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July 14, 2011
The Strange Silencing of Liberal America
By John Pilger
How does political censorship work in liberal societies? When my film, 'Year
Zero: the Silent Death of Cambodia', was banned in the United States in 1980,
the broadcaster PBS cut all contact. Negotiations were ended abruptly;
phone calls were not returned. Something had happened. But what? 'Year
Zero' had already alerted much of the world to the horrors of Pol Pot, but it
also investigated the critical role of the Nixon administration in the tyrant’s
rise to power and the devastation of Cambodia.
Six months later, a PBS official told me, “This wasn’t censorship. We’re into
difficult political days in Washington. Your film would have given us
problems with the Reagan administration. Sorry.”
In Britain, the long war in Northern Ireland spawned a similar, deniable
censorship. The journalist Liz Curtis compiled a list of more than 50
television films in Britain that were never shown or indefinitely delayed. The
word “ban” was rarely used, and those responsible would invariably insist
they believed in free speech.
The Lannan Foundation in Santa Fe, New Mexico, believes in free speech.
The foundation’s website says it is “dedicated to cultural freedom, diversity
and creativity”. Authors, film-makers, poets make their way to a sanctum of
liberalism bankrolled by the billionaire Patrick Lannan in the tradition of
Rockefeller and Ford.
Lannan also awards “grants” to America’s liberal media, such as Free Speech
TV, the Foundation for National Progress (publisher of the magazine Mother
Jones), the Nation Institute and the TV and radio programme Democracy Now!
In Britain, Lannan has been a supporter of the Martha Gellhorn Prize for
Journalism, of which I am one of the judges. In 2008, Patrick Lannan
personally supported the presidential campaign of Barack Obama. According
to the Santa Fe New Mexican, he is “devoted” to Obama.
On 15 June, I was due in Santa Fe, having been invited to share a platform
with the distinguished American journalist David Barsamian. The foundation
was also to host the US premiere of my new film, 'The War You Don’t See',
which investigates the false image-making of war-makers, especially Obama.
I was about to leave for Santa Fe when I received an email from the Lannan
official organising my visit. The tone was incredulous. “Something has come
up,” she wrote. Patrick Lannan had called her and ordered all my events to
be cancelled. “I have no idea what this is all about,” she wrote.
Baffled, I asked that the premiere of my film be allowed to go ahead as the US
distribution largely depended on it. She repeated that “all” my events were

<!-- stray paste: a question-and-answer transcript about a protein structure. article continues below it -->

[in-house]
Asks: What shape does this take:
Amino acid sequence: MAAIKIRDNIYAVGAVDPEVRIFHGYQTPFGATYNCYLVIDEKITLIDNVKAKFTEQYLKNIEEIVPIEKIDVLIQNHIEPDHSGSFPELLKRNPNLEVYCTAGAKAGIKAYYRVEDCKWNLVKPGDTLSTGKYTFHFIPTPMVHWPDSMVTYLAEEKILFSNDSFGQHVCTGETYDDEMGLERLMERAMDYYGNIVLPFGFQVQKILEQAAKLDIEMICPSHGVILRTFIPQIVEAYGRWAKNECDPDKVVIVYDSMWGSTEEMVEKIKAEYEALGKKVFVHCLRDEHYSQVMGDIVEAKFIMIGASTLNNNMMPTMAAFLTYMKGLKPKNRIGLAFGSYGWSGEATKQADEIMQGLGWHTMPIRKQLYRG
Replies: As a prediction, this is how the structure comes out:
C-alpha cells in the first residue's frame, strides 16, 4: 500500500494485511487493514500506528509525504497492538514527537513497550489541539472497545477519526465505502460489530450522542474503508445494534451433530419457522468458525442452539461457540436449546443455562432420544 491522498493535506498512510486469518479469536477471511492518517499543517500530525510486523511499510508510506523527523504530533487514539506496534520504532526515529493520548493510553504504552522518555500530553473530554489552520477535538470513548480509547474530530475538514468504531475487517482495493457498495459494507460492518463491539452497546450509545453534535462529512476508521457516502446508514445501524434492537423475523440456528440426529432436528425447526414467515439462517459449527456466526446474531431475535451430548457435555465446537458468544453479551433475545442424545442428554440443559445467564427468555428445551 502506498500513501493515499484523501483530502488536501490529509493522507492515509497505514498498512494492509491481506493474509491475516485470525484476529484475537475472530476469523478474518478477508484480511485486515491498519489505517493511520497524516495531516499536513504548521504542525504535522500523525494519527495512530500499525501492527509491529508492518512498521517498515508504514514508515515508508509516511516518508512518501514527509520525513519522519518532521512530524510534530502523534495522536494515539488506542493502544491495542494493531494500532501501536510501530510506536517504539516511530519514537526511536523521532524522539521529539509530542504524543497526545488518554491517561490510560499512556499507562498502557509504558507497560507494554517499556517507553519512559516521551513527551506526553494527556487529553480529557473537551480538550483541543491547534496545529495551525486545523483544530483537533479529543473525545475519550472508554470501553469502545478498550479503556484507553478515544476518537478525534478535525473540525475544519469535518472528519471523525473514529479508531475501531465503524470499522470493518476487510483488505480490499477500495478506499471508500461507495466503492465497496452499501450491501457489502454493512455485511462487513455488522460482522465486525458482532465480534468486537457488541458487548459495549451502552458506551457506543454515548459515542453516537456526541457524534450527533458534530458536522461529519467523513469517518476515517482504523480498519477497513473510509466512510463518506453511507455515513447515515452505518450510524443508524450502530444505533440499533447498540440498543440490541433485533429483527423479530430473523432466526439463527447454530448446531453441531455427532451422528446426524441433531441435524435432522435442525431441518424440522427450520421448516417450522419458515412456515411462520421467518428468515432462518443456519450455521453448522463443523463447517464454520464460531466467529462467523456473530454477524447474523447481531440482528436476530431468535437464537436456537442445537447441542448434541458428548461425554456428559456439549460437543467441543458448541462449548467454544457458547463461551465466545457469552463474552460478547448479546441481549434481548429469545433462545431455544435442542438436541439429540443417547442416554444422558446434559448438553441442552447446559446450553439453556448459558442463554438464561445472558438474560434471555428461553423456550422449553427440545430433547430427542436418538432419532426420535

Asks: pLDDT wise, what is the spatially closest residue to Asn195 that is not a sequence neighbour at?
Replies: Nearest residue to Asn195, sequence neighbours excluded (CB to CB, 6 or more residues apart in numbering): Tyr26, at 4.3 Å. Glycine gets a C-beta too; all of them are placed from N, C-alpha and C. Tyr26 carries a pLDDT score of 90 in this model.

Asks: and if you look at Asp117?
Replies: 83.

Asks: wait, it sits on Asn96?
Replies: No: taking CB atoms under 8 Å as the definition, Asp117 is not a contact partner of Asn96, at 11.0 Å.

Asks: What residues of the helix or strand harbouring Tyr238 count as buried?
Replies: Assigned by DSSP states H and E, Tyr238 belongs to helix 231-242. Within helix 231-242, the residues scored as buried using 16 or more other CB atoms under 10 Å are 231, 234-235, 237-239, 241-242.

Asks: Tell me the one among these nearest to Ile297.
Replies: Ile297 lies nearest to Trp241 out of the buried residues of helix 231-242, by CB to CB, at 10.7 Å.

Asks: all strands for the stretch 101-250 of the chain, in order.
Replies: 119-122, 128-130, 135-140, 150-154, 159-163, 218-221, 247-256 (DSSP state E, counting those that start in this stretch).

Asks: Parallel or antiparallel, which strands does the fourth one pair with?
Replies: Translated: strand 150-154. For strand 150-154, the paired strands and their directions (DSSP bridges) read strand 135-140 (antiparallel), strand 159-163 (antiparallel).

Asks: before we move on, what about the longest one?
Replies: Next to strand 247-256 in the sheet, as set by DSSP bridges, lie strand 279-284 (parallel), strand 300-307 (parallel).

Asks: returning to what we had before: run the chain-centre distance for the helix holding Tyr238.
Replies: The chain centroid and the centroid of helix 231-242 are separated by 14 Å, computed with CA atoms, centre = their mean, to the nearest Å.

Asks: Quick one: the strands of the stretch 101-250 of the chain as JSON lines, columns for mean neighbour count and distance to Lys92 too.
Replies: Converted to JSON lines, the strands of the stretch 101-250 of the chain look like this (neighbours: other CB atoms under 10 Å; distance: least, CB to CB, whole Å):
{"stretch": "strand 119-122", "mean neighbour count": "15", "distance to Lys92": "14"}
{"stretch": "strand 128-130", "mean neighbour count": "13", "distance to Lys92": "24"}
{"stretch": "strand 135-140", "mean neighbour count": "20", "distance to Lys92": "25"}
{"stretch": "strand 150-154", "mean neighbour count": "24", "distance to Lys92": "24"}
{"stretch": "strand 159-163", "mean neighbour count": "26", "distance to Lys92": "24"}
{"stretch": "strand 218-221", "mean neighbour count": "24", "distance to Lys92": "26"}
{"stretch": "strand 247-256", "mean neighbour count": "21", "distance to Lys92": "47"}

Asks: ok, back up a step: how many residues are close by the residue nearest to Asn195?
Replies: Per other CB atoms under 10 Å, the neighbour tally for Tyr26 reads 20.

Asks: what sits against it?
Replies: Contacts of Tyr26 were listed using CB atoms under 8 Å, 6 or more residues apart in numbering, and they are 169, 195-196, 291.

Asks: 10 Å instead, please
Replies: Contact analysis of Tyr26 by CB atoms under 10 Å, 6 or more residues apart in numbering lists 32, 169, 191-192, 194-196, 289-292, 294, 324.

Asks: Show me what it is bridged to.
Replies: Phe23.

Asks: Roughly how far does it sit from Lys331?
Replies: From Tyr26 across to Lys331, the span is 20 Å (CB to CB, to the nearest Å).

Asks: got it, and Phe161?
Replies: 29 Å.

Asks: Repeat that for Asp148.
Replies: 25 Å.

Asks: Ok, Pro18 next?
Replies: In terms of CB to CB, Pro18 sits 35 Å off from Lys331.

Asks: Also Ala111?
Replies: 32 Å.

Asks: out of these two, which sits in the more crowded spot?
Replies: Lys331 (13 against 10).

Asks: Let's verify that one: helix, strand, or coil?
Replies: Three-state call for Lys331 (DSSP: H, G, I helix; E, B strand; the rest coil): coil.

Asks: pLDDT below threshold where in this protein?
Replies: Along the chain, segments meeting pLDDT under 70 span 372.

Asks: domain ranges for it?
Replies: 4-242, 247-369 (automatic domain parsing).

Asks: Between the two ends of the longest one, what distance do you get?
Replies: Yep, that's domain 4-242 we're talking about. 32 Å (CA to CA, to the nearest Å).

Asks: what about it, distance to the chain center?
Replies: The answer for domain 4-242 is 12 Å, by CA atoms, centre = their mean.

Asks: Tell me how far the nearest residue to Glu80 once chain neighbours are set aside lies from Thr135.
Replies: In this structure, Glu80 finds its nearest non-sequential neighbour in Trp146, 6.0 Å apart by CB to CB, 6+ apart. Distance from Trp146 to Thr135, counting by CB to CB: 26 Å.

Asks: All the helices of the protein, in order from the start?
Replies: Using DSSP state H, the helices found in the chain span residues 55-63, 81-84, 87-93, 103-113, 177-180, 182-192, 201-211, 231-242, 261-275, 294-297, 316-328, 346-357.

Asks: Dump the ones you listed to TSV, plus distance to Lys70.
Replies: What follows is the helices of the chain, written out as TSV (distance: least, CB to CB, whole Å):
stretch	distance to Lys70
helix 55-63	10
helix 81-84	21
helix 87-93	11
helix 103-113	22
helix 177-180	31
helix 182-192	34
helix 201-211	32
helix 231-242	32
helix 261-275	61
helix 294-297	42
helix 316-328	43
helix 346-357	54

cancelled, “and this includes the screening of your film”. On the Lannan
website “cancelled” appeared across a picture of me. There was no
explanation. None of my phone calls were returned, nor subsequent emails
answered. A Kafka world of not-knowing descended.
The silence lasted a week until, under pressure from local media, the
Foundation put out a brief statement that too few tickets had been sold to
make my visit “viable” and that “the Foundation regrets that the reason for
the cancellation was not explained to Mr. Pilger or to the public at the time
the decision was made”. Doubts were cast by a robust editorial in the Santa
Fe New Mexican. The paper, which has long played a prominent role in
promoting Lannan events, disclosed that my visit had been cancelled before
the main advertising and previews were published. A full-page interview
with me had to be hurriedly pulled. “Pilger and Barsamian could have
expected closer to a packed 820-seat Lensic [arts centre].”
The manager of The Screen, the Santa Fe cinema that had been rented for
the premiere, was called late at night and told to kill all his online promotion
for my film, but took it upon himself to re-schedule the film for 23 June. It was
a sell-out, with many people turned away. The idea that there was no public
interest was demonstrably not true.
Theories? There are many, but nothing is proven. For me, it is all reminiscent
of the long shadows cast during the Cold War. “Something is going to
surface,” said Barsamian. “They can’t keep the lid on this.”
My talk on 15 June was to have been about the collusion of American
liberalism in a permanent state of war and the demise of cherished
freedoms, such as the right to call government to account. In the United
States, as in Britain, serious dissent - free speech - has been substantially
criminalised. Obama, the black liberal, the PC exemplar, the marketing dream
is as much a warmonger as George W. Bush. His score is six wars. Never in
US history has a president prosecuted as many whistle-blowers; yet this
truth-telling, this exercise of true citizenship, is at the heart of America’s
constitutional first amendment. Obama’s greatest achievement is having
seduced, co-opted and silenced much of liberal opinion in the United States,
including the anti-war movement.
The reaction to the Lannan ban has been illuminating. The brave, like the
great whistleblower Daniel Ellsberg, were appalled and said so. Similarly,
many ordinary Americans called into radio stations and have written to me,
recognising a symptom of far greater suppression. But some exalted liberal
voices have been affronted that I dared whisper the word, censorship, about
such a beacon of “cultural freedom”. The embarrassment of those who wish
to point both ways is palpable. Others have pulled down the shutters and
said nothing. Given their patron’s ruthless show of power, it is
understandable. For them, the Russian dissident poet Yevgeny
Yevtushenko once wrote, “When truth is replaced by silence, the silence is a